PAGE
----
The meaning of the decision is as follows:

1) The SWLK (Socialist Workers League of Korea) is judged to be an organization for propaganda and agitation for national disturbances, violating Article 7 of the National Security Law.

It shows the political nature of Korean judicial branch, which is a part of state apparatus serving for the capitalist class.

2) The conditional delay of imprisonment can be recognized as the result of Korean and international protest movement. The conditional respite for 3 years means that the imprisonment is suspended for 3 years on the condition of that there will be no other sentence for another crime, and after 3 years the validity of imprisonment sentence expires. But if there is another sentence during the next 3 years, imprisonment from this sentence will follow independently of any imprisonment for further convictions. So, the conditional respite of imprisonment is only a bit better than immediate imprisonment.

3) We, the 8 accused will appeal this sentence to the high court.

We will live and act confidently as revolutionary socialists without regard to the political oppression of the Korean state apparatus.

Thank you to all socialists and workers in the world who supported the judicial struggle of Korean socialists.

Please transmit our gratitude to the comrades of the world.

Permalink 2 Comments

(Tell me why) I don’t like Sundays

February 20, 2011 at 4:21 pm (Uncategorized)

Four Sundays ago, on the coldest day of the year with the temperatures in the minus-20s, my furnace died. I slept in the living room was the temperature slowly dropped. One freezing day and several thousand dollars later, heat slowly began to return to my body.

Three Sundays ago, I got violently ill. Vomiting and all the other stuff you usually associate with food poisoning. No solids for three days.

Two Sundays ago, I was on the verge of starting a new job. The day was spent worrying  and generally being unable to relax.

Last Sunday, sick again. This time milder.

Today, I’m going to a friend’s to play video games, but I have to admit there’s a little feeling of trepidation in the back of my head.

Someone, I forget who now, once wrote that Sunday is the worst day of the week because we are still trying to forget last week, and not think about next. Friday night is the best night of the week because it is on the cusp of two days of which possibilities are endless. Sunday the worst because those possibilities are over, and work beckons.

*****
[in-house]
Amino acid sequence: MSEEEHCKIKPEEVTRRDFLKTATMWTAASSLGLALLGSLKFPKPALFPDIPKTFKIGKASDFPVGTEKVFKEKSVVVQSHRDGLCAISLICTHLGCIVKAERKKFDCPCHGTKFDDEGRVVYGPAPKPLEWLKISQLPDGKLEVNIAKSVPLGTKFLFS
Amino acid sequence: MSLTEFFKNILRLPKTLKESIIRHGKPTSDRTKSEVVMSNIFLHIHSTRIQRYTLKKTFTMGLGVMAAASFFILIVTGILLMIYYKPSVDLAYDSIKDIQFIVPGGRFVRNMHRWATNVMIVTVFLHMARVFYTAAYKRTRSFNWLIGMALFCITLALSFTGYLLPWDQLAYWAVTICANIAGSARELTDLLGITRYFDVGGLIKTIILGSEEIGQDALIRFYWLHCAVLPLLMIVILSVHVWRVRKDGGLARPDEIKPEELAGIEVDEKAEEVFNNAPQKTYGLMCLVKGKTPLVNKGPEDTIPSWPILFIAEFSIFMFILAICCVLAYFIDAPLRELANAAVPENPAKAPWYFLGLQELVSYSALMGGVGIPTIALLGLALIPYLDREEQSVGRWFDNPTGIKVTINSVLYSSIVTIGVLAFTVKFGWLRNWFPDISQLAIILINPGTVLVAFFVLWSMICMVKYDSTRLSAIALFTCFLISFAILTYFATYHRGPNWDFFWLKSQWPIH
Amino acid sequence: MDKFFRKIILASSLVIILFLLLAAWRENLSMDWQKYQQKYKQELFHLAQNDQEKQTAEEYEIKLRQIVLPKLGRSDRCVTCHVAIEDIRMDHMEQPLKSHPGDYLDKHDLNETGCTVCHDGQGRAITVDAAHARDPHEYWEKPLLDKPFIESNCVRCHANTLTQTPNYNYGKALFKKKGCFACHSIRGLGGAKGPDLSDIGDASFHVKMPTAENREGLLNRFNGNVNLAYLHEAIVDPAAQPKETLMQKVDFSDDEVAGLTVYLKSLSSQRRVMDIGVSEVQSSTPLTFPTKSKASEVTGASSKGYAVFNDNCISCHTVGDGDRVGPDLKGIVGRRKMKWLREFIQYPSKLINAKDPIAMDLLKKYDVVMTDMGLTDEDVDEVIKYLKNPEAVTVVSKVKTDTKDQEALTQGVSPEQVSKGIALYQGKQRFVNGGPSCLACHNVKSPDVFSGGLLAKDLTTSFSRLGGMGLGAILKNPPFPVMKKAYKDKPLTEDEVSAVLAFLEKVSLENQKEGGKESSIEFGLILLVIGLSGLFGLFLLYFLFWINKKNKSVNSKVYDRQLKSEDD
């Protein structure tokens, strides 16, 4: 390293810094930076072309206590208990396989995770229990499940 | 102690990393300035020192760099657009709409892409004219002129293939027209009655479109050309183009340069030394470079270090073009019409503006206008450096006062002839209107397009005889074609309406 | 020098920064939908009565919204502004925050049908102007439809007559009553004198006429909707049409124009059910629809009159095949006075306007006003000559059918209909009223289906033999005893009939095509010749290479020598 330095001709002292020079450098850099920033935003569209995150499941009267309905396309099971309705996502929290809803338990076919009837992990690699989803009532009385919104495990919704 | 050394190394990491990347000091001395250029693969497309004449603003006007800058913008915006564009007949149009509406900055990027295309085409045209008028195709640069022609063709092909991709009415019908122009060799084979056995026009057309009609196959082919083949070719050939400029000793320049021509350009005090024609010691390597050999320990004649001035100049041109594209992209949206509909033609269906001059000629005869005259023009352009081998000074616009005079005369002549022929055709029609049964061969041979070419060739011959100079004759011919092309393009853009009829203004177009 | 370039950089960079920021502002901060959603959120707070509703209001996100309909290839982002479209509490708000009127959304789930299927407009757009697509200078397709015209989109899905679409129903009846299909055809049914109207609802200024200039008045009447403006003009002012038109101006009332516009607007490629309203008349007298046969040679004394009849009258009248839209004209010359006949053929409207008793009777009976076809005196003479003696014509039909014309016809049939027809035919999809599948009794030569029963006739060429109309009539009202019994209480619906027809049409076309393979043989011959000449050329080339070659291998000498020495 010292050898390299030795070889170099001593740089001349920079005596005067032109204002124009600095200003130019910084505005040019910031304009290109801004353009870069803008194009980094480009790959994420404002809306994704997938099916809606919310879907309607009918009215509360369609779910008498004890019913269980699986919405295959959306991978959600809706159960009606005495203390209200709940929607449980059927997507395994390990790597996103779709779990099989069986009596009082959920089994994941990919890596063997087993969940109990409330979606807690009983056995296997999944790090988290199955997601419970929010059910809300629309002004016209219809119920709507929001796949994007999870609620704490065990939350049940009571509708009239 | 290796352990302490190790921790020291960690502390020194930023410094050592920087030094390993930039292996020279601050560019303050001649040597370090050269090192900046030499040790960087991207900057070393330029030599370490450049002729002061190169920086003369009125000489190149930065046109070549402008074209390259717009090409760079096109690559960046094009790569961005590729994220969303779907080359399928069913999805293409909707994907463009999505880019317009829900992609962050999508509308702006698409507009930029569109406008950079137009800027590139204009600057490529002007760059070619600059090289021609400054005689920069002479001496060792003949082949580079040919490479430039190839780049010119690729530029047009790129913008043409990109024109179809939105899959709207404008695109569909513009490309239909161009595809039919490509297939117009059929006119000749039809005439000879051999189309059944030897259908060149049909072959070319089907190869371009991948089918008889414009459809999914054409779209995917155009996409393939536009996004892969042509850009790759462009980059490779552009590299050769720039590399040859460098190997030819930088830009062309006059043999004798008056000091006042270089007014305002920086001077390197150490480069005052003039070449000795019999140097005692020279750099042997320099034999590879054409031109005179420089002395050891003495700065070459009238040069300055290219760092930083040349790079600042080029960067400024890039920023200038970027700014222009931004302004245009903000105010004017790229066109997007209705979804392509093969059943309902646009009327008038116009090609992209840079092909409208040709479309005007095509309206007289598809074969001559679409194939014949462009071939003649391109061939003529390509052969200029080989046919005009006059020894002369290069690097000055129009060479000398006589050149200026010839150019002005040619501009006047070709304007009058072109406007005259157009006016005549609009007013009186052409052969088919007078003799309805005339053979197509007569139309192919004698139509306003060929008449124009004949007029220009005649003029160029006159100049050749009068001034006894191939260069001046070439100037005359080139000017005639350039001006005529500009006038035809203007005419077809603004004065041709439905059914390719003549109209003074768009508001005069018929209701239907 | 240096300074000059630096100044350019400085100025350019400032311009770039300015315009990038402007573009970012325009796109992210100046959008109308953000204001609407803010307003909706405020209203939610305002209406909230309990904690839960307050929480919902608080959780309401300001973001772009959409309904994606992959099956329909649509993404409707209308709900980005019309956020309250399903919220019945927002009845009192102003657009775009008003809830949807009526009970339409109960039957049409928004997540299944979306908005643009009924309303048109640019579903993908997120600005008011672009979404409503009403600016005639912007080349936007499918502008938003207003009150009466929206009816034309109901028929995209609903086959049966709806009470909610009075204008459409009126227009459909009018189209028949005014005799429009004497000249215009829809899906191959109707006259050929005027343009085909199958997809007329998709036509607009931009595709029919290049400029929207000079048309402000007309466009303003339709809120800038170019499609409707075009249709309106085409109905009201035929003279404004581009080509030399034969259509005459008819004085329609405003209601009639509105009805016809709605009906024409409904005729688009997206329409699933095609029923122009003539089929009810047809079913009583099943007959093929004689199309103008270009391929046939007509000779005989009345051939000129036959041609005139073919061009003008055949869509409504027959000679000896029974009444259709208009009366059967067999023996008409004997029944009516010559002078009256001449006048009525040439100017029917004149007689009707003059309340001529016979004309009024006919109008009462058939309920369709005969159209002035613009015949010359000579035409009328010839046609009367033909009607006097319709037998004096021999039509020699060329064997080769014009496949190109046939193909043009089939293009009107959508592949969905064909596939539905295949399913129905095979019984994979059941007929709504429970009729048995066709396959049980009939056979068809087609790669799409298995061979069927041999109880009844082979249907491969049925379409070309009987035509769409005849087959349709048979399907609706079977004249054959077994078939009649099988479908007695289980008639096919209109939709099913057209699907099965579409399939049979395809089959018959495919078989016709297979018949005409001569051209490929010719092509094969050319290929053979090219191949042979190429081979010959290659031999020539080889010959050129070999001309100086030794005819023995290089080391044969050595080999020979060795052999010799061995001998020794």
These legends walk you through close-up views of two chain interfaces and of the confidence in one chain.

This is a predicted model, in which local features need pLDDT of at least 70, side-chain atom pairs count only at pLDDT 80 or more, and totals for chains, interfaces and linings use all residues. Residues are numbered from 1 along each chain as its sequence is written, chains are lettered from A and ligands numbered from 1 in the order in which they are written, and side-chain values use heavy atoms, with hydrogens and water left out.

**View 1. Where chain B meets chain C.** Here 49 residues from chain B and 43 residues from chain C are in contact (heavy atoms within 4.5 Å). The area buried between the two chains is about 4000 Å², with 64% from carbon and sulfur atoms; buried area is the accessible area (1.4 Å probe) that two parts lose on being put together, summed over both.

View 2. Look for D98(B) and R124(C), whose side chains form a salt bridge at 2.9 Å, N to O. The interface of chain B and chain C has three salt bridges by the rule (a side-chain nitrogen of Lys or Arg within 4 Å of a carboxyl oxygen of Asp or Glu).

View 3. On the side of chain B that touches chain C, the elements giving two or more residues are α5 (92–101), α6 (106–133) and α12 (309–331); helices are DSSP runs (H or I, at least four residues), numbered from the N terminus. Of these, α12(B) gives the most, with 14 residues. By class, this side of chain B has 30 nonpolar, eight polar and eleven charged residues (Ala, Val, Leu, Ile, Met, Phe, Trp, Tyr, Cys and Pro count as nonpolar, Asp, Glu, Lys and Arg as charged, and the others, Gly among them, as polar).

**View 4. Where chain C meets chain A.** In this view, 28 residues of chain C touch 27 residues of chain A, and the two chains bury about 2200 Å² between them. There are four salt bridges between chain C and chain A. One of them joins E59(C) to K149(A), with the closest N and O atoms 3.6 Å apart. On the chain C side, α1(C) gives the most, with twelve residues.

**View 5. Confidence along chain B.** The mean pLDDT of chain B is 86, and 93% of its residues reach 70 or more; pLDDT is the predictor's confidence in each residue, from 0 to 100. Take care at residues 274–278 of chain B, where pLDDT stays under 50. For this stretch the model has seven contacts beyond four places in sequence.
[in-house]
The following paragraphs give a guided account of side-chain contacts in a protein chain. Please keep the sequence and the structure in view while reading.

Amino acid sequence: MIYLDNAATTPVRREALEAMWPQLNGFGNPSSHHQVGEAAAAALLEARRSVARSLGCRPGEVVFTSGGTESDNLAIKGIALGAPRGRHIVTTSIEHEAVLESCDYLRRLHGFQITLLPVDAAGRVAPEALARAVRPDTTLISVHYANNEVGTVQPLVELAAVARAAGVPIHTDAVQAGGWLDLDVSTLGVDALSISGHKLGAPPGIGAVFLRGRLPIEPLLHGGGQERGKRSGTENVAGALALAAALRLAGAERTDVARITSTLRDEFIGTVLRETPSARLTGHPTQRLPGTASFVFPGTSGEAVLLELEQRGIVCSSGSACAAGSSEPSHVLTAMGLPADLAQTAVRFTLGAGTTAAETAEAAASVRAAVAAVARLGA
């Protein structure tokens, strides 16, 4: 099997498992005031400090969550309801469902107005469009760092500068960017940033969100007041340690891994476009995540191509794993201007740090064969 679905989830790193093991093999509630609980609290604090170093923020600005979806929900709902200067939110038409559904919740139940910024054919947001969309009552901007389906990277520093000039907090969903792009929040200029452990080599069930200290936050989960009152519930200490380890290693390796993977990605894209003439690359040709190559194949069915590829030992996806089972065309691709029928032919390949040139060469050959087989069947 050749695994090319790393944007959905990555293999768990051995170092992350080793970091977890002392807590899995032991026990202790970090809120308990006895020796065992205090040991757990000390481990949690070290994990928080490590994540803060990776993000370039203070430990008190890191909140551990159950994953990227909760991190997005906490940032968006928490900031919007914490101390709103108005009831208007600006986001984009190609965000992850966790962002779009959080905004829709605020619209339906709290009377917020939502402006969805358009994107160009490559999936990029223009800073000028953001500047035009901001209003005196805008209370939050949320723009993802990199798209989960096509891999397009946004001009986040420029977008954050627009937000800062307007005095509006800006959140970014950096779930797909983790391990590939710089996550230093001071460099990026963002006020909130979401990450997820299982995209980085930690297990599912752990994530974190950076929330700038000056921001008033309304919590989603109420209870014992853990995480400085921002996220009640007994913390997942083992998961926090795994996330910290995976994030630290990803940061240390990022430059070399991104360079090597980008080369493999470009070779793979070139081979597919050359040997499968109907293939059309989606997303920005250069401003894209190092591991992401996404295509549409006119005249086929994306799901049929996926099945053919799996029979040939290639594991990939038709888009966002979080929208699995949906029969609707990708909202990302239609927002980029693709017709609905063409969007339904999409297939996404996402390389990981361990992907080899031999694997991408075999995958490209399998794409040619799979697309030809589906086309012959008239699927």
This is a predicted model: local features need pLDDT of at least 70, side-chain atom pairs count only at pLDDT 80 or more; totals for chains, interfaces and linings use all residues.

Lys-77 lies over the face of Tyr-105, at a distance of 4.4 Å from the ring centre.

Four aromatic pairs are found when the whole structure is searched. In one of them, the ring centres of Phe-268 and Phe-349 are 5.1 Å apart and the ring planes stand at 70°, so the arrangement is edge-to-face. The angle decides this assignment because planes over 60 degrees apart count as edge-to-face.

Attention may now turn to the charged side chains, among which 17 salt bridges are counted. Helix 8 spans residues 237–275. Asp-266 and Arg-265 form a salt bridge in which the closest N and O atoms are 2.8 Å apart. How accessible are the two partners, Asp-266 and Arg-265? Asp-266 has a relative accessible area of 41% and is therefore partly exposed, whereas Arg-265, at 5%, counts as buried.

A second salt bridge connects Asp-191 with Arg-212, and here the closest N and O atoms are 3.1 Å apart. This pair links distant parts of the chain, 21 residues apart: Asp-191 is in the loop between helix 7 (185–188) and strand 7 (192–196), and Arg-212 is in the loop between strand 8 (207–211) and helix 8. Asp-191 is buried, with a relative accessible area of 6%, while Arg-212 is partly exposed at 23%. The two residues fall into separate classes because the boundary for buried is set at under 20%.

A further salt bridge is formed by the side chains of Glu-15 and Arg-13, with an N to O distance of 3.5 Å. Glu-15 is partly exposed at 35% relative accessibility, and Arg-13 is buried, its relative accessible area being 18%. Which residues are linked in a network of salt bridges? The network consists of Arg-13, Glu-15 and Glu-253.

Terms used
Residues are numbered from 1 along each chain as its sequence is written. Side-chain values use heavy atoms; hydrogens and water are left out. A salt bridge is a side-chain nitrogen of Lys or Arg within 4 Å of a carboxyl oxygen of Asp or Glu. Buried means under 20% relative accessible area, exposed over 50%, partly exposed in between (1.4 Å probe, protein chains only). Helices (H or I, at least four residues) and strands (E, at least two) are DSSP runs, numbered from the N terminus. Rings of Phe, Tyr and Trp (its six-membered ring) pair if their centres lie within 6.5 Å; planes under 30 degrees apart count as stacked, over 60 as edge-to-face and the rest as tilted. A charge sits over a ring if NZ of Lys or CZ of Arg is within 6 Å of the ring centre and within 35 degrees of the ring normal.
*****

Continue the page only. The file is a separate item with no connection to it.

As Joe Strummer once wrote, Monday’s coming like a jail on wheels.

Enjoy the day. If you can.

Permalink Leave a Comment

Confessions of a Juggler

February 13, 2011 at 4:52 pm (Uncategorized)

I haven’t watched Saturday Night Live for years. And in the final years when I did watch, it was usually only for Tina Fey on “Weekend Update.”

When she made the transition to the sitcom with 30 Rock, I couldn’t have been happierI’ve watched the show from its first episode, and while not every one is a classic, it is consistently funnier than pretty much everything on TV.  

Johanna Schneller’s column in the Globe and Mail this week makes mention of an article by Fey in the February 14 issue of the New Yorker entitled “Confession of a Juggler.” You can’t read the article at the New Yorker site unless you’re a subscriber, but it’s widely avaialble elsewhere (Here for example). Very funny and well worth your time. It also contains  this astute  observation:

I know older men in comedy who can barely feed and clean themselves, and they still work. The women, though, they’re all “crazy.” I have a suspicion – and hear me out, because this is a rough one – that the definition of “crazy” in show business is a woman who keeps talking even after no one wants to fuck her anymore.

Have a read.

Permalink Leave a Comment

Neil Young in Mojo

February 13, 2011 at 3:43 pm (Uncategorized)

My first Neil Young record was 1979’s Rust Never Sleeps.  I bought it in a news agents next to the supermarket where I worked (the same place where I bought Crossing the Red Sea with the Adverts, but I digress)

A couple of years later, I moved to Canada. A friend in high school was a big Neil Young fan (he also got me into Dylan), and we saw Young play at Maple Leaf Gardens when he was promoting Trans. The last time I saw Young play was in the mid-nineties where he played the CNE along with Sonic Youth and Pearl Jam.

Young has  always one of those performers who although he was a hippie was enjoyed by the punks as well. (and I might add by the grunge kids.)